“We lived rather in each others’ pockets,” American writer Ford Madox Ford wrote of scribes who included Kipling, Stephen Crane and children’s author Edith Nesbit, all of whom formed a loose-knit Romney Marsh writers colony not unlike Virginia Woolf’s Bloomsbury group.

They came here to gossip, to squabble, to make love and sometimes even to write. Manuscripts flowed back and forth, as well as insults. (James was deeply offended when Wells compared him to a hippopotamus trying to pick up a pea.)

Today it’s still possible to visit many of the sites where these long-ago tiffs and scandals played out, and I discovered there’s no better place to start than Winchelsea, one of the hilltop Cinque Ports from which the English kept a sharp lookout for French invaders and where Ford took his wife, Elsie, in 1901.

When the original town was washed away in a storm in 1287, a new town was built on the grid system, a scheme that is still a novelty for England. Weather was not its only problem: Today the beautiful St. Thomas Church is partly a ruin, broken walls still bearing witness to French attacks of the 14th and 15th centuries.

“I know of no place save for Paris where memories seem so thick on every stone,” Ford wrote.

David Bourne, the town’s retired postmaster, drew me a map showing the locations of the Bungalow, the Fords’ house and St. Leonard’s Well, to which the author insisted on taking all of his guests. Once they sipped its waters, he assured them, they were bound to return.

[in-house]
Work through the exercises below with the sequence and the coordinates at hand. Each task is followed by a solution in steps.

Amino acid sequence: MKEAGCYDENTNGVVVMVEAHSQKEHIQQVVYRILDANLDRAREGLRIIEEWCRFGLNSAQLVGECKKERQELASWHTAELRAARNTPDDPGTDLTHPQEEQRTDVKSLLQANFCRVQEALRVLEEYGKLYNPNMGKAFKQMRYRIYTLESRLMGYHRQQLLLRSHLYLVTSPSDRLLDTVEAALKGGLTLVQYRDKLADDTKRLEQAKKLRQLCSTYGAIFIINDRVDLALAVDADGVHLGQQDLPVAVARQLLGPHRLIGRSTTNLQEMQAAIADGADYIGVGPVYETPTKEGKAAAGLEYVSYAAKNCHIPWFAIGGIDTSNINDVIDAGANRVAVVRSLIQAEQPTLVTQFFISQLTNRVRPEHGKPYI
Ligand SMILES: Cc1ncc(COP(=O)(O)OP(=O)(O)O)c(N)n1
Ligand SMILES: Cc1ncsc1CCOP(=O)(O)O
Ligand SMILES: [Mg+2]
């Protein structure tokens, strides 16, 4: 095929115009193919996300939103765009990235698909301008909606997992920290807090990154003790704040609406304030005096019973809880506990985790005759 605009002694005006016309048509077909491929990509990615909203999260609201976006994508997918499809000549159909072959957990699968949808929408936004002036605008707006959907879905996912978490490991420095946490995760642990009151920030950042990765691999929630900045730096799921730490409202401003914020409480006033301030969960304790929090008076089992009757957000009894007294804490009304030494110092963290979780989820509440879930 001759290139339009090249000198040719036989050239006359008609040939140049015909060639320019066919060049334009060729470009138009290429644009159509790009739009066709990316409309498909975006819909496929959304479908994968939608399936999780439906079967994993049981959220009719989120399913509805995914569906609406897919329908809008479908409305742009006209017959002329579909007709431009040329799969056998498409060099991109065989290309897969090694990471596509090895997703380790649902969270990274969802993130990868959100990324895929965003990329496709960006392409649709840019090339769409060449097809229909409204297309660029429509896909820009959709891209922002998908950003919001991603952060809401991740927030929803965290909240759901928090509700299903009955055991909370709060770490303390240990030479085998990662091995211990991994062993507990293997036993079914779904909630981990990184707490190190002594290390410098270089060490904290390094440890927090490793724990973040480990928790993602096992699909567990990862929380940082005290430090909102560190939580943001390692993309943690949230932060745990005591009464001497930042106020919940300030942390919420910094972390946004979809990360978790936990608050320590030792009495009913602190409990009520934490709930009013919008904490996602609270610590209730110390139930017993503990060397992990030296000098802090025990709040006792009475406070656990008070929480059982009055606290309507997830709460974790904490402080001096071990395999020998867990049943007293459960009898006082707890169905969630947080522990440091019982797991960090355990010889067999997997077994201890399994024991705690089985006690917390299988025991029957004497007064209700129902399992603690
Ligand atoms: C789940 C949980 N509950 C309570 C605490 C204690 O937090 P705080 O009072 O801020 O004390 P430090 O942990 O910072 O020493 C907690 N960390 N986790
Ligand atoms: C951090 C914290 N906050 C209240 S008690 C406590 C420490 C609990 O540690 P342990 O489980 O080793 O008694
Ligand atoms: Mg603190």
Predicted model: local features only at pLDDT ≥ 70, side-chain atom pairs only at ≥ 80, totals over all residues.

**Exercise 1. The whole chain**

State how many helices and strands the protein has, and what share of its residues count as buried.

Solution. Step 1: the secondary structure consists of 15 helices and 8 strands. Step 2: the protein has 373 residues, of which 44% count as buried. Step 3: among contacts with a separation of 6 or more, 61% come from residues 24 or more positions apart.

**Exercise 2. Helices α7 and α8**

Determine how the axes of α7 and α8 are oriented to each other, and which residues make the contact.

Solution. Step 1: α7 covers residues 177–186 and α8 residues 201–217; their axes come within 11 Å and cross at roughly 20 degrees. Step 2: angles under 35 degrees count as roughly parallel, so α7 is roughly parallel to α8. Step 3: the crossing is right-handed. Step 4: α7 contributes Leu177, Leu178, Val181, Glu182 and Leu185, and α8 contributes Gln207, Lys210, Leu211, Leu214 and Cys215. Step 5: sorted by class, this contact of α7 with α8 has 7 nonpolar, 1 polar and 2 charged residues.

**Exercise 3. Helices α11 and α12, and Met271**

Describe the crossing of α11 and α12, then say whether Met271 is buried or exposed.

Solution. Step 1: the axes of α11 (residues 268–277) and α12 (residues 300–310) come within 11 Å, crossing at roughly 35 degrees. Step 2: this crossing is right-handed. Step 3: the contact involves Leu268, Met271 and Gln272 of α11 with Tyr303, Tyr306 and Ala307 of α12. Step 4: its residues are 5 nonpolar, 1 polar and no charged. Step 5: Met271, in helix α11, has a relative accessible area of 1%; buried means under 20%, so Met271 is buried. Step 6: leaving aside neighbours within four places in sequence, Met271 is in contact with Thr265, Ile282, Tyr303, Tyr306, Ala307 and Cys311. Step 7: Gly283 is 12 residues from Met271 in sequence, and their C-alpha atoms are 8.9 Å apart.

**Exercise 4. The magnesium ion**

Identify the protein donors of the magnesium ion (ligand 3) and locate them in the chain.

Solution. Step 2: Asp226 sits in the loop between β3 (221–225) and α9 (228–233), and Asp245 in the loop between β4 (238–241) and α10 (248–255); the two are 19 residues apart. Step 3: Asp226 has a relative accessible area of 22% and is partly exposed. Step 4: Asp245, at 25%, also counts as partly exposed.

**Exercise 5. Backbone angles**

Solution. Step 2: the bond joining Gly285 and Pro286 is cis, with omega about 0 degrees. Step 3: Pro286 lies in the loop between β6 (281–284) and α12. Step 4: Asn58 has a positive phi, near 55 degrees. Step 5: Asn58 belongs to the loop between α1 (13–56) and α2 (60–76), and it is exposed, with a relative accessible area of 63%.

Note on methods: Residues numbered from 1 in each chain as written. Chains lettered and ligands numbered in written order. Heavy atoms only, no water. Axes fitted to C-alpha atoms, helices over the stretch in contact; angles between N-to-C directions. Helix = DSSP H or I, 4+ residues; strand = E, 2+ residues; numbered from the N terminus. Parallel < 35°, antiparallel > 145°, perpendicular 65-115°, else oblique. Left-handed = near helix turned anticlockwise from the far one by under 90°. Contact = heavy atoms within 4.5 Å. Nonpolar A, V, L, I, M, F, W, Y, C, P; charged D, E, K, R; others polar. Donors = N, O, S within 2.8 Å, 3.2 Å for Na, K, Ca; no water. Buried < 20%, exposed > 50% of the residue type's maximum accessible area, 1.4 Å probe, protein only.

The Bungalow is actually a two-story New England-style house, renamed the Little House. A plaque out front notes the home’s significance, but the building is not open to the public.

I knocked on the door and chatted with owner Alan McKinna, who owns an extensive Ford library. He told me the veranda where Ford and James wrote contentedly together has long since been removed. Ford, the author of “The Good Soldier,” described helping Conrad write “The End of the Tether” when his friend stayed at a house across the street.

Ford was, like many writers, a terrible bother to his family. Elsie’s father, Dr. William Martindale, a Winchelsea pharmacist, had no sooner bought the Bungalow for the couple than Ford began a five-year affair with Elsie’s sister, Mary.

Martindale, McKinna said, committed suicide in 1902, “some said because of his daughter’s affair.” Nothing remains of the stones at St. Leonard’s Well, but the half-mile walk -- past a ruined windmill commanding a view of the whole countryside -- is still worth the effort. Below on the marsh, among bluebells and watercress, I found the spring where Conrad, James, Crane and novelist W.H. Hudson superstitiously sipped the water. I tasted it and found it on the muddy side.

Gunplay on the terrace

Across the field, the River Brede winds back past the Udimore (pronounced Yoo-de-more) uplands to Brede Place. It’s the 15th century manor house to which, in February 1899, Crane, fresh from the triumph of “The Red Badge of Courage,” moved with wife Cora, former madam of the Hotel de Dream in Jacksonville, Fla.